Mathematics – are we on the right track?

David Pavett writes

There was an interesting piece in the Guardian by Simon Jenkins a few days ago (For Britain’s pupils, maths is even more pointless than Latin). I don’t agree with all his conclusions but the issues he raised deserve discussion. What should be taught in mathematics classes? It is rare for this subject to be raised. In fact in general too little of the time we spend debating education is devoted to the question of its content.

It is not that I want to avoid discussion of the organisation of our school system with that most evasive of slogans “standards not structures” (as if the two could be separated) even in its distilled form according to which it is teacher quality that makes or breaks the quality of education independently of the framework within which teachers ply their trade. All that is specious nonsense which we must continue to challenge.

But that still leaves the vast question of content to be debated.

I taught maths or maths related subjects (e.g. physics) for more than 30 years. During all that time I had the feeling that there was something wrong with what I was doing but I could never quite work out what it was. Over the last few years of retirement I have helped several adults and teenagers trying to come to terms with basic maths. In each case there was clearly an enormous psychological barrier to the subject. When faced with a simple mathematical task tears would sometimes well up. For millions the result of ten years of school mathematics is maths phobia. There has to be something wrong with a system with such an outcome.

Everyone agrees that we need basic arithmetic (although we might disagree about what that entails). That many leave school without even attaining this is clearly a problem. This failure provides a clue to broader issues of maths education. Why do so many people forget nearly everything they encountered in school maths? Learning without understanding, cramming for tests, leads to short-term memory. Things are forgotten as quickly as they are learned. For many (most?) this the story of maths education. The fact is though that taking an interest in the social and political events around is strongly aided by knowledge of maths. For example, we are bombarded with data by politicians which we need to know how to evaluate.

We encounter numbers and mathematical relationships everyday of our lives but most people have learned to switch off when that happens. After a while they don’t even realise that they are doing it. We deal with risk assessments, rates of change, compound interest, ratios, fractions, percentages and much else besides. Simon Jenkins says that all we need is basic arithmetic. Those who agree might reflect how many things they decide not to read/follow just because it involves a little algebra or more than a one-line calculation. How many pathways of knowledge are thereby closed down?

Maths in general education should:

1. be about developing a sufficient feel for the subject to be able to tackle the mathematical issues that can arise in the course of life and in the course of taking an intelligent general interest in the social affairs and the technology that one is likely to interact with (why is a kilobyte = 1024 bytes?). That’s a big ask but in my view a reasonable one. The emphasis here is on “being able to tackle” i.e. being able to work things out on some basic principles rather than simply applying given formulas received as a piece of magic. (Why does the breaking distance of a car double when its speed is increased from 25 mph to 35 mph?)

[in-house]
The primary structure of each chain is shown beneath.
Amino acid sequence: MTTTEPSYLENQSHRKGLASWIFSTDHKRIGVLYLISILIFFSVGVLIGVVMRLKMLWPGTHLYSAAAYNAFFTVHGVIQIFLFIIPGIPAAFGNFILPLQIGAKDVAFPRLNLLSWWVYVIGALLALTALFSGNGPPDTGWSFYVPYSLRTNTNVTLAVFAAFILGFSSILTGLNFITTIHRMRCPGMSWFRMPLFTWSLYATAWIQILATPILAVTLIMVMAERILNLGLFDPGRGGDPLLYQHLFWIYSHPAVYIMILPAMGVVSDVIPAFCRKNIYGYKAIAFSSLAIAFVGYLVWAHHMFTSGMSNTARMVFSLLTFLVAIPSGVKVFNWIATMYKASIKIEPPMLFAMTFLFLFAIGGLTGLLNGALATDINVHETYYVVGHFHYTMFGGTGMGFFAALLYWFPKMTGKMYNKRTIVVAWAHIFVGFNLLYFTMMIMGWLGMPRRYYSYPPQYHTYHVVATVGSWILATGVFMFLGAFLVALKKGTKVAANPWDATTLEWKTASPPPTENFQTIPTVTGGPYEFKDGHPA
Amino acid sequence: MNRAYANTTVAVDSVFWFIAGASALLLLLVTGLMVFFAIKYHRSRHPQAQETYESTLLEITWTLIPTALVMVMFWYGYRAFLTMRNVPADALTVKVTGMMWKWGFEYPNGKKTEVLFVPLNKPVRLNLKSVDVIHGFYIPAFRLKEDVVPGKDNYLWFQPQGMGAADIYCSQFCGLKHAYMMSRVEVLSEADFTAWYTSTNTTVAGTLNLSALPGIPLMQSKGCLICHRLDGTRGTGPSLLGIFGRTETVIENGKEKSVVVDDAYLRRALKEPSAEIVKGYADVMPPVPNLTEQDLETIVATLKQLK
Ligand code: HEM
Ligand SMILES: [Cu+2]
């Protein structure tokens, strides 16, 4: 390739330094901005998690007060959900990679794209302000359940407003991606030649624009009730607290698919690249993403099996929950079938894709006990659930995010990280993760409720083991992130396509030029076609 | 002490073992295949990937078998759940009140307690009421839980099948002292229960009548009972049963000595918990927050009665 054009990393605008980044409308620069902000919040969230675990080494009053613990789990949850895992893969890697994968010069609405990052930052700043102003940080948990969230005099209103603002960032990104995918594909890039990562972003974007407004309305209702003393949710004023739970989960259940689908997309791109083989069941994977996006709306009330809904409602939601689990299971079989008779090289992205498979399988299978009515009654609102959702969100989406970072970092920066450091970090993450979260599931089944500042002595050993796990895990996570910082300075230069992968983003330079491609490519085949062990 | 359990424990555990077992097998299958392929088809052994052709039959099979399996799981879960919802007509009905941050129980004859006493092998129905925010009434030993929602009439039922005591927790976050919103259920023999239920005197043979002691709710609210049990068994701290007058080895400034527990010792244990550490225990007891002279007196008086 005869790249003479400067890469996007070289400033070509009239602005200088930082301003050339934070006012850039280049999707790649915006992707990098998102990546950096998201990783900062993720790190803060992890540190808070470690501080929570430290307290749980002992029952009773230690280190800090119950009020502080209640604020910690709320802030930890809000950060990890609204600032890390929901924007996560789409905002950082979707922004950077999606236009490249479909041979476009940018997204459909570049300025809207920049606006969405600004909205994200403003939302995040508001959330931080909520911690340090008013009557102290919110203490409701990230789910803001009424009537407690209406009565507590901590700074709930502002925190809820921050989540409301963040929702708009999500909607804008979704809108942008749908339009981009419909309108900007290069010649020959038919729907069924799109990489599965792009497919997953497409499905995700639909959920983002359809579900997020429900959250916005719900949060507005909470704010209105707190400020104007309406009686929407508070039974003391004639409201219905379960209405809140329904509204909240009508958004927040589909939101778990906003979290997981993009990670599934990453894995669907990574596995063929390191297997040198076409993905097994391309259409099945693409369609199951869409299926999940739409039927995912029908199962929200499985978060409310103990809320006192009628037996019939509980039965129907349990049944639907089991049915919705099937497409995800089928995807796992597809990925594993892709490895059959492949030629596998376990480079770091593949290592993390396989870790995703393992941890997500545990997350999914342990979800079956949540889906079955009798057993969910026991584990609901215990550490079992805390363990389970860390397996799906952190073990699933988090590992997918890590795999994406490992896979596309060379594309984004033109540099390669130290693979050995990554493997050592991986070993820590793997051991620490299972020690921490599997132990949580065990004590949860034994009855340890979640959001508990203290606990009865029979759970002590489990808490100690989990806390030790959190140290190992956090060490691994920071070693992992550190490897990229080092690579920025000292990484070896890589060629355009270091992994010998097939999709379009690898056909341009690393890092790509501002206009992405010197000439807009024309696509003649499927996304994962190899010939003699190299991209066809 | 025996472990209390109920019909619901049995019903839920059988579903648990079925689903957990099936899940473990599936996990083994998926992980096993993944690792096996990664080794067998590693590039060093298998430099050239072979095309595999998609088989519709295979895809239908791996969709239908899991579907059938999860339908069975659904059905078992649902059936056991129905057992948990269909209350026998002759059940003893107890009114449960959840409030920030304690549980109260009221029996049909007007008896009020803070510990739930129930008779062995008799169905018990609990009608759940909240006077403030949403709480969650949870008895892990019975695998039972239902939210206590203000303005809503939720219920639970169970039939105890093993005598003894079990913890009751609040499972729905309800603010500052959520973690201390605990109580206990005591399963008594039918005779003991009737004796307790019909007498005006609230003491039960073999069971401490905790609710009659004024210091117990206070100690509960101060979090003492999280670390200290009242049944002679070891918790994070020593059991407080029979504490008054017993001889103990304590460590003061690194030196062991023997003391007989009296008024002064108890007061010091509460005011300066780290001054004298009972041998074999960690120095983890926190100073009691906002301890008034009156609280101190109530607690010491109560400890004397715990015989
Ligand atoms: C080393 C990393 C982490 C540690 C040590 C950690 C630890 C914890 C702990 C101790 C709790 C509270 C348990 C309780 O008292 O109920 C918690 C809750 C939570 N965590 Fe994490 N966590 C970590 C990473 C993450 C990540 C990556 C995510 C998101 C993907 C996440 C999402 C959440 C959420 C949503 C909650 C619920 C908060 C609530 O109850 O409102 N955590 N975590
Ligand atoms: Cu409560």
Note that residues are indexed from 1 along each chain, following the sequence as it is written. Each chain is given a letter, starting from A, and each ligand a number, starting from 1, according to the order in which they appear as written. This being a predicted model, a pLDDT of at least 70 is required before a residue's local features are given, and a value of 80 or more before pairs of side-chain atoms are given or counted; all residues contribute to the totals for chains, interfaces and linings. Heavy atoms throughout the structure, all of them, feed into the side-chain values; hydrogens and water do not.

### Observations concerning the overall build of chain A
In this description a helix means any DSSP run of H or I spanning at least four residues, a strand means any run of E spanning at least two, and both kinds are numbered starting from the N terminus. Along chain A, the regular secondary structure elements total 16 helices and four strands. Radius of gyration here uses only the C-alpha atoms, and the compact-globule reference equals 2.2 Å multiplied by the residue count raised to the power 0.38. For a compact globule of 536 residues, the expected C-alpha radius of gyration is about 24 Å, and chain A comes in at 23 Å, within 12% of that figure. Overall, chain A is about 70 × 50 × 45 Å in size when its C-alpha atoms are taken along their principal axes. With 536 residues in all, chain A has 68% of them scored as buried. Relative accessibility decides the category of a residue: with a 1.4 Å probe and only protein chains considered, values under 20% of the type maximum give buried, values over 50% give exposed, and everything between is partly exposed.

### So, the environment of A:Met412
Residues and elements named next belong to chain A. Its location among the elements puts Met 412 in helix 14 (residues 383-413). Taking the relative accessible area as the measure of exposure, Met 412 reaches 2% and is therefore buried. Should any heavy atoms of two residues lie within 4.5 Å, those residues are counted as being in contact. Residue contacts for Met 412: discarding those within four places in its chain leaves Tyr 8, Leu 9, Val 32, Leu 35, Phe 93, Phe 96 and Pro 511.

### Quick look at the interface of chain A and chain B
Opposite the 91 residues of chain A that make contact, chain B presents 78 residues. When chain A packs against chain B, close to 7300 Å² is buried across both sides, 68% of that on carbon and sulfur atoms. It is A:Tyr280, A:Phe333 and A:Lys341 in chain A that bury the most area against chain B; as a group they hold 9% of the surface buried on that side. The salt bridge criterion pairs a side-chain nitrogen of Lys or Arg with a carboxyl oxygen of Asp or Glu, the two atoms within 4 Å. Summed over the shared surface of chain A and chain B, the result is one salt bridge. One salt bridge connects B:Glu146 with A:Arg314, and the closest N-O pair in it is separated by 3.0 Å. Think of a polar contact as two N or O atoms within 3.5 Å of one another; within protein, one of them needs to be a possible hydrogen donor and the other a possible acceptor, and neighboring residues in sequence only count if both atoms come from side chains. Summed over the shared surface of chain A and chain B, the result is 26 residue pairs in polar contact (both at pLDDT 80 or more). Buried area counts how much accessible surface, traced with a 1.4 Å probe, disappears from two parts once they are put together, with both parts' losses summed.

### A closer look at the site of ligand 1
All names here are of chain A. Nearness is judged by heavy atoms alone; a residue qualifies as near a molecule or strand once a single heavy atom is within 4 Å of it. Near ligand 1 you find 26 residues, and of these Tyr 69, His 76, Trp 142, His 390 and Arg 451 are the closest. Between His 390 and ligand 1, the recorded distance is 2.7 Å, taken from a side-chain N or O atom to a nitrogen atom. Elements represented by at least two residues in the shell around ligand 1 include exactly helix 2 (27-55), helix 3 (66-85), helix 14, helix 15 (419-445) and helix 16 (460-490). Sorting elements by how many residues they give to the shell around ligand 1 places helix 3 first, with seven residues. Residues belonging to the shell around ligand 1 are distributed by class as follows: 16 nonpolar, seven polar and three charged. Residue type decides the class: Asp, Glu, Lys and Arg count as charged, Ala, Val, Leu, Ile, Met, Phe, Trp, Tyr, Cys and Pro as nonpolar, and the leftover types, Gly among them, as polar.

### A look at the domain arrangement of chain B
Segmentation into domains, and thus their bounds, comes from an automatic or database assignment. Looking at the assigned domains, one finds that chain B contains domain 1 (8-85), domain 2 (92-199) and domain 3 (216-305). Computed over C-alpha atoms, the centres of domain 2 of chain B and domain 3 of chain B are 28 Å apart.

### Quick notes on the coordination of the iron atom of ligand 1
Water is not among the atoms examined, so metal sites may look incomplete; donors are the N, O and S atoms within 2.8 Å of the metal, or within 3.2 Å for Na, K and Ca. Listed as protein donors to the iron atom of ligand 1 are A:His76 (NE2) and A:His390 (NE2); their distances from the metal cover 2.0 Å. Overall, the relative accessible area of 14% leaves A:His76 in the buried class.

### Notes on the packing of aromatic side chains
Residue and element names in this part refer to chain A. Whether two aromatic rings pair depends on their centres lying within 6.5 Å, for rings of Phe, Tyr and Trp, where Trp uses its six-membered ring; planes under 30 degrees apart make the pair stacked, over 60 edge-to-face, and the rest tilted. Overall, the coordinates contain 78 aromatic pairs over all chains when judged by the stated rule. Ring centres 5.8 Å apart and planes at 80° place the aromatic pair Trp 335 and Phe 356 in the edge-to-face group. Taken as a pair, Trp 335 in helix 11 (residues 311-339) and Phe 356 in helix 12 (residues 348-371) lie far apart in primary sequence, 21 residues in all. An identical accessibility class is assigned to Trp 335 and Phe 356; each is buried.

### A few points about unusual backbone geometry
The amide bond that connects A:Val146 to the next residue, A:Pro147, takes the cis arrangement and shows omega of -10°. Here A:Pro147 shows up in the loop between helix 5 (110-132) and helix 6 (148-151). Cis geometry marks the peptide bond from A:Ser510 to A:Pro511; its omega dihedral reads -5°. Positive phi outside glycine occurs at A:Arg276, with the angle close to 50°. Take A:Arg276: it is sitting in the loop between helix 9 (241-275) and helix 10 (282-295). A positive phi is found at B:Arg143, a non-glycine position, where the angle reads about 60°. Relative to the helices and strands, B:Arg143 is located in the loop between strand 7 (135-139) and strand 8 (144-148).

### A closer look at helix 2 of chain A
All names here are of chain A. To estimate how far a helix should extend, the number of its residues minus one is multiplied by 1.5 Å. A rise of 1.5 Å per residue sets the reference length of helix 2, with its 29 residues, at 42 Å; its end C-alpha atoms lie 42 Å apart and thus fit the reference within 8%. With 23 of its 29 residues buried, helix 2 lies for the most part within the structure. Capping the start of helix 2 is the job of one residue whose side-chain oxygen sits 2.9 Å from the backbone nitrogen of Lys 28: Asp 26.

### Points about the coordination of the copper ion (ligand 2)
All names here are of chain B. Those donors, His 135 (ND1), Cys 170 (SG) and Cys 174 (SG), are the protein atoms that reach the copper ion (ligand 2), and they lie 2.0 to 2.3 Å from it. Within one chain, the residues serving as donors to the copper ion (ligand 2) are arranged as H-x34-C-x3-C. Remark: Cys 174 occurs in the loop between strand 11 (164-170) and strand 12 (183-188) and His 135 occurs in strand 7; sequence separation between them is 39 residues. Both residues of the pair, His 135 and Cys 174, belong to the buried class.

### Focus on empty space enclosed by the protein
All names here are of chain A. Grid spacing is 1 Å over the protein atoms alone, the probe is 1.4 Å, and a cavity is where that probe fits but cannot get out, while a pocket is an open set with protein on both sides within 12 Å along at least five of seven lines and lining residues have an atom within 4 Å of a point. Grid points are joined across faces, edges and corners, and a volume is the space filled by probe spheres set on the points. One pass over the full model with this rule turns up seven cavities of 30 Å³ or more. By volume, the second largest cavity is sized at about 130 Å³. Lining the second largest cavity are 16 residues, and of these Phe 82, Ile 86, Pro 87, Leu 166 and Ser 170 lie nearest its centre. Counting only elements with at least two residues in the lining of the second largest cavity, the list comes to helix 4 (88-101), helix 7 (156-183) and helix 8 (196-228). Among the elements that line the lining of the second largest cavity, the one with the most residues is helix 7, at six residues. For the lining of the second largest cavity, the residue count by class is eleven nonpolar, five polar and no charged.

2. produce an understanding of mathematics as a creative field of human endeavour and not just a vast block of knowledge of which one learns the easy bits without having any awareness of the challenges faced by the subject in the past and the challenges faced today. For example, should pupils not be aware that calculators and computers do not merely do calculations faster than we can but that they are the only sensible way to tackle some problems. Even some very simple equations cannot be solved analytically but are easy to solve with an iterative solution using a calculator (e.g. x = cos x with x in radians). The behaviour of some equations is truly weird. This links with problems of weather prediction. Maths has mystery. This is excluded from syllabuses which seek only to inculcate simple calculating ability.

A perennial problem in education is that the desire to make things as simple as possible can result in educational material that is, frankly, unchallenging (i.e. boring). This natural problem is exacerbated a 100-fold by an education system in thrall to testing mania and competition by league tables. These encourage teaching to the test and syllabuses that can be reduced to mechanical check lists.

Simon Jenkins suggests that politicians are obsessed with maths and science and our national standing in these areas as reflected by PISA tests. He says that part of the reason is that maths is easily testable (things are right or wrong) unlike the rather more “slippery” humanities. I think that he is right about the obsessions but wrong about the nature of mathematics. If maths were taught as a creative, open-ended subject it would become less dogmatic and would, as it should, be an exercise in understanding and imagination. The flip side is that assessing it would become more “slippery” but that is a price to be paid for making its content reflect the true nature of the subject. We all need maths but it should be real maths and not a desiccated selection from it taught as dogma. The time for a fundamental rethink about mathematics education is long overdue.